In July 2023, several major automakers, including BMW, General Motors, Honda, Hyundai, Kia, Mercedes-Benz, and Stellantis, announced a joint venture to build approximately 30,000 EV chargers in the U.S. with an investment of at least $1 billion. The group is targeting sites in urban and highway areas, with the goal of opening the first locations by mid-2024. This initiative is similar to an investment in Europe, which was funded by many of the same automakers. Automakers are increasingly shifting their fleets to EVs, and believe more charging station availability and potential shorter wait times will aid consumer adoption.

We believe that, in addition to private sector investments, states might allocate supplemental appropriations for EV charging infrastructure buildout like California's almost $3 billion pledged investment, or alternatively issue debt to fund a portion of their capital needs. We expect this funding will add to other transportation-related projects, potentially accelerating transportation-related capital plans if federal or private sector investment does not materialize. Most state NEVI plans rely on private sector investment and incentives for their EV grid buildout, which might lessen the state portion for buildout.

Chart 4

Overview of EV charging stations

We expect states will use two primary types of EV charging stations as they expand their grid: level 2 AC chargers and level 3 DC fast chargers. Currently, there are about 143,000 charging stations in the U.S., with level 3 accounting for about 22,000 of them. Of that amount, Tesla's supercharger network accounts for about 17,000, which are gradually being expanded to non-Tesla vehicles, with several major automakers recently announcing the adoption of Tesla's connector as the future charging standard in their vehicles.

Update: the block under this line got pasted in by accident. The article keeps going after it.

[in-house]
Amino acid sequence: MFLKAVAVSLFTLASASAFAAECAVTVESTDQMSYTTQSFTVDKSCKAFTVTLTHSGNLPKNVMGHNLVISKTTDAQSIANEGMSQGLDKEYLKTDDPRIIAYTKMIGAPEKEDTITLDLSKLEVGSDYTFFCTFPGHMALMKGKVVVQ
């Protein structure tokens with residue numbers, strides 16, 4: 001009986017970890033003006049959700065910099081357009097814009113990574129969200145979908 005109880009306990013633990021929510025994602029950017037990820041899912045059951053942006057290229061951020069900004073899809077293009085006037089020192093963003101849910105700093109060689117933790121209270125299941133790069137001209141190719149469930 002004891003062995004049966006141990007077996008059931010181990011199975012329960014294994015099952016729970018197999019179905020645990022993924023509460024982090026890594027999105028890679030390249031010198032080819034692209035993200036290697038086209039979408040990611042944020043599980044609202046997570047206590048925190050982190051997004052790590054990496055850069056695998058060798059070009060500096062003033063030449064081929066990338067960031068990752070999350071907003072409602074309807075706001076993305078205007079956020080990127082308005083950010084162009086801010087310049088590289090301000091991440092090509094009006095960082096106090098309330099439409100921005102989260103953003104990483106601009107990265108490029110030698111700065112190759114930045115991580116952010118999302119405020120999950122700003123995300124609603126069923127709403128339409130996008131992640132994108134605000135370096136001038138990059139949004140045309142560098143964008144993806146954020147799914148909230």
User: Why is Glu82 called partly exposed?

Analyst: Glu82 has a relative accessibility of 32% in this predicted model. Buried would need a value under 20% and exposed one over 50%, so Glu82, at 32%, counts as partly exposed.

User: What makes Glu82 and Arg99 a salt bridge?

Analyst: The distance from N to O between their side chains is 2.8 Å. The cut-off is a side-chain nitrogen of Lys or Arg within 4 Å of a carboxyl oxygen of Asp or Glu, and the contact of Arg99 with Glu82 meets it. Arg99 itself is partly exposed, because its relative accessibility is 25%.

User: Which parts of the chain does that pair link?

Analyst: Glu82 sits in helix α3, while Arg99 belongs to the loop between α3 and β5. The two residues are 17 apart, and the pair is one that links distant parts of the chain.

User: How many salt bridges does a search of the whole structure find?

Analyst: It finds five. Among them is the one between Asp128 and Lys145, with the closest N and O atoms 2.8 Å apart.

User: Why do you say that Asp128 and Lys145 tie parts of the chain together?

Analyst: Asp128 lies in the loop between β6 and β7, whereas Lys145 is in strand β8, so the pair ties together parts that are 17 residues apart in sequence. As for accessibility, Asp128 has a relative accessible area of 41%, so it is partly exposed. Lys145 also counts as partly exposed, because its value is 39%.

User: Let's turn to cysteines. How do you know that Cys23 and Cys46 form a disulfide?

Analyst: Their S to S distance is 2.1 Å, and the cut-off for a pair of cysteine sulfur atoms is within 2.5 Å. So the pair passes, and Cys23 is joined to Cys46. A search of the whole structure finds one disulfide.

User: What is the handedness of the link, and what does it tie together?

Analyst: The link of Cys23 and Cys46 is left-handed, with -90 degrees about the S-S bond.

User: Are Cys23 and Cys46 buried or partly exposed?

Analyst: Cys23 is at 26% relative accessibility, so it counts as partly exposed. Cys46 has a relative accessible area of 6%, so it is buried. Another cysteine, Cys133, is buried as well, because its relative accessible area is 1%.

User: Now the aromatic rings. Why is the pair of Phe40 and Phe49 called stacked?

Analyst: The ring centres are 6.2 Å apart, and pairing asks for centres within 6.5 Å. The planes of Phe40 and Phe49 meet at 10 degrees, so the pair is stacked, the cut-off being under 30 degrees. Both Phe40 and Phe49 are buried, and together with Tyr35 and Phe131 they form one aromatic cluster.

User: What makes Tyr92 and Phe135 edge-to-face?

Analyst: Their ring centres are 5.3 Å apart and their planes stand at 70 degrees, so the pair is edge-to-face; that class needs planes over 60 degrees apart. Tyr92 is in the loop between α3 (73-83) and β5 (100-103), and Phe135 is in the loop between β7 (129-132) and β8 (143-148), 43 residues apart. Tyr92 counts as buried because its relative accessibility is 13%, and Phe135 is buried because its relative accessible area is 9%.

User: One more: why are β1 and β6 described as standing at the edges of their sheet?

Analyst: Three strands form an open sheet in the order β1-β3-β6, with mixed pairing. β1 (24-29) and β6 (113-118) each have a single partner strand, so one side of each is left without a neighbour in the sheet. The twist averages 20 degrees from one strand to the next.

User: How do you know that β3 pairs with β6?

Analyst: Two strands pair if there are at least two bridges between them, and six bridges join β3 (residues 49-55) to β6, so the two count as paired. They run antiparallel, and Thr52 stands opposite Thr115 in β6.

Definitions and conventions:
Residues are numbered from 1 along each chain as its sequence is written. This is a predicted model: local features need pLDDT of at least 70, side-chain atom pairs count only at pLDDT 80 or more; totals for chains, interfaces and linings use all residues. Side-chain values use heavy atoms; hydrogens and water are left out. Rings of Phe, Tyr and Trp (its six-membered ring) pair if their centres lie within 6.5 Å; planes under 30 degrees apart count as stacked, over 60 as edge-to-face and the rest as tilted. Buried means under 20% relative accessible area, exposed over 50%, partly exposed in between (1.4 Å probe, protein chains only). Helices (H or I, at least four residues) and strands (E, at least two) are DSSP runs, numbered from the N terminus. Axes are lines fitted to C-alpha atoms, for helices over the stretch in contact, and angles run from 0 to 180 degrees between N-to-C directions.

Charging definitions
  • AC level 1: What most people will have in their homes, equivalent to a 110-volt wall outlet. Would require 20 hours to fully recharge an EV
  • AC level 2: Equivalent to an upgraded home charger that uses a 240-volt outlet (used for an electric clothes dryer) and usually requires a 50-amp breaker for each charger. Takes about five hours to fully recharge an EV. Often also seen in shopping centers
  • DC level 3 fast charging (DCFC): Requires larger and higher voltage grid connection to convert the AC current to DC. An EV's battery management system must be able to handle the rapid flow of electricity--currently as high as 350 kilowatts. Takes 15-20 minutes to recharge most DCFC-ready vehicles from 10% to 80% state of charge
  • Tesla proprietary level 3 charger: Can add about 200 miles of range to a Tesla vehicle in 15 minutes. Tesla has offered converters to other brand vehicles for use in its superchargers in Europe, with plans for U.S. adoption in the works

Chart 5


S&P Global Mobility expects that about 95% of new chargers will be level 2 AC chargers. These have lower installation and operating costs since they do not need high voltage lines, which can be difficult to install near established urban developments.